Instead of being tied down to one system, Babbel allows users to use almost any system.

The interesting thing about Babbel is that there is no installation process. This means that you don’t need a lot of hard drive space or discs to install the software.

However, there are still some requirements to install Babbel.

Minimum requirement: iOS 9.0 (most devices on iOS 8 could be upgraded to iOS 9)

  • Babbel Android app

Minimum operating system 4.4.4

  • Babbel on computers

Babbel runs on all modern computers with a current internet browser. Minimum requirements are:

  • Computer and Processor: Display: 1024×768 or higher resolution monitor, 1GHz Processor, 1GB RAM
  • Operating System: Windows 7 or above, Mac OS X 10.12 or above
  • Internet browser with the current Adobe Flash-Player (Chrome version 58 or above, Internet Explorer version 11 or above, Firefox version 50 or above, Safari version 10 or above, Edge) – 2021 update: Flash is now obsolete in most browsers and Babbel will run automatically on updated internet browsers
  • JavaScript and Cookies must be enabled

Is babbel good for italian

Babbel Italian review

Babbel Italian is essentially made for beginners.

It is designed to lead you through essential grammar rules and new vocabulary.

For instance, it will make you practise verb conjugations and learn Italian tenses.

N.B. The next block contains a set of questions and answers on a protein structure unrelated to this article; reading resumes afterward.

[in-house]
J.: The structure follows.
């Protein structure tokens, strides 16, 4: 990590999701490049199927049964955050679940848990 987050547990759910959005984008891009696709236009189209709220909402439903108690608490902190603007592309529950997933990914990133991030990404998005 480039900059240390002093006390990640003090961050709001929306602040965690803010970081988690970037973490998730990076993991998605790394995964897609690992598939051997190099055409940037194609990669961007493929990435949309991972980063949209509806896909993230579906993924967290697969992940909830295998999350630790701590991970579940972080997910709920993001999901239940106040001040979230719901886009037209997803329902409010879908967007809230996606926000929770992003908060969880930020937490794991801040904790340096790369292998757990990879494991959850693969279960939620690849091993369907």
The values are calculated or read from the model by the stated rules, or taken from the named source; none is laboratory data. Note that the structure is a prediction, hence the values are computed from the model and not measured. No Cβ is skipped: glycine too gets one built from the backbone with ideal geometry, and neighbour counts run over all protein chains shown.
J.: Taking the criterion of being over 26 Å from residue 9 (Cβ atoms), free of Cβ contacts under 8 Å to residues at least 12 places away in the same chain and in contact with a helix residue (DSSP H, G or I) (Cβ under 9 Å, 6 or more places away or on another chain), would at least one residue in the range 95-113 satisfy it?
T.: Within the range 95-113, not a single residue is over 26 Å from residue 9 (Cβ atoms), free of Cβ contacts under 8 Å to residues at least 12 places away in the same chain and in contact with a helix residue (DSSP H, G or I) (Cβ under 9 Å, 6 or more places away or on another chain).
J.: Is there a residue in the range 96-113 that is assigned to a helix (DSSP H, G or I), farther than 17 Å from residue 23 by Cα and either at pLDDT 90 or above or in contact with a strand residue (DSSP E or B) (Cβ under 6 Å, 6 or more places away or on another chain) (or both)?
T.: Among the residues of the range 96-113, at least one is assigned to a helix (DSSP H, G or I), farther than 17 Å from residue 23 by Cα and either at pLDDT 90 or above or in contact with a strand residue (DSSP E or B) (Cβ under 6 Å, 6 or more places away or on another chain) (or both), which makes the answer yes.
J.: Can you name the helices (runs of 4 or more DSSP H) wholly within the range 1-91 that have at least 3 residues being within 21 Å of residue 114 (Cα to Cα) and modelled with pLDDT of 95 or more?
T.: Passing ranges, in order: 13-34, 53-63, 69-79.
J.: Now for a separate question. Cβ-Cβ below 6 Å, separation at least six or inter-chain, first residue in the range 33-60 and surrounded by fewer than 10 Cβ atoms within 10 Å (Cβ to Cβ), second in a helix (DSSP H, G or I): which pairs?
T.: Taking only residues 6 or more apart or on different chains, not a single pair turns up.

If you complete Babbel Italian you can expect to be at or close to a B1 level of proficiency. This means it won’t make you fluent but it will leave you with a functional level and the knowledge you need to structure your sentences.

However, if you have a high level of Italian, we don’t recommend it. This is simply because Babbel doesn’t offer advanced lessons.

Also, Babbel won’t help you much with your pronunciation.

Babbel vs Duolingo
Babbel vs Duolingo

Many people wonder which is better, Babbel or Duolingo.

Both Babbel and Duolingo are well-known language learning apps. They both teach vocabulary and are accessible and affordable.

But there are some important differences.

First of all, Duolingo is free but shows you ads. You can pay a monthly subscription if you don’t want to see ads but that’s all you get if you pay.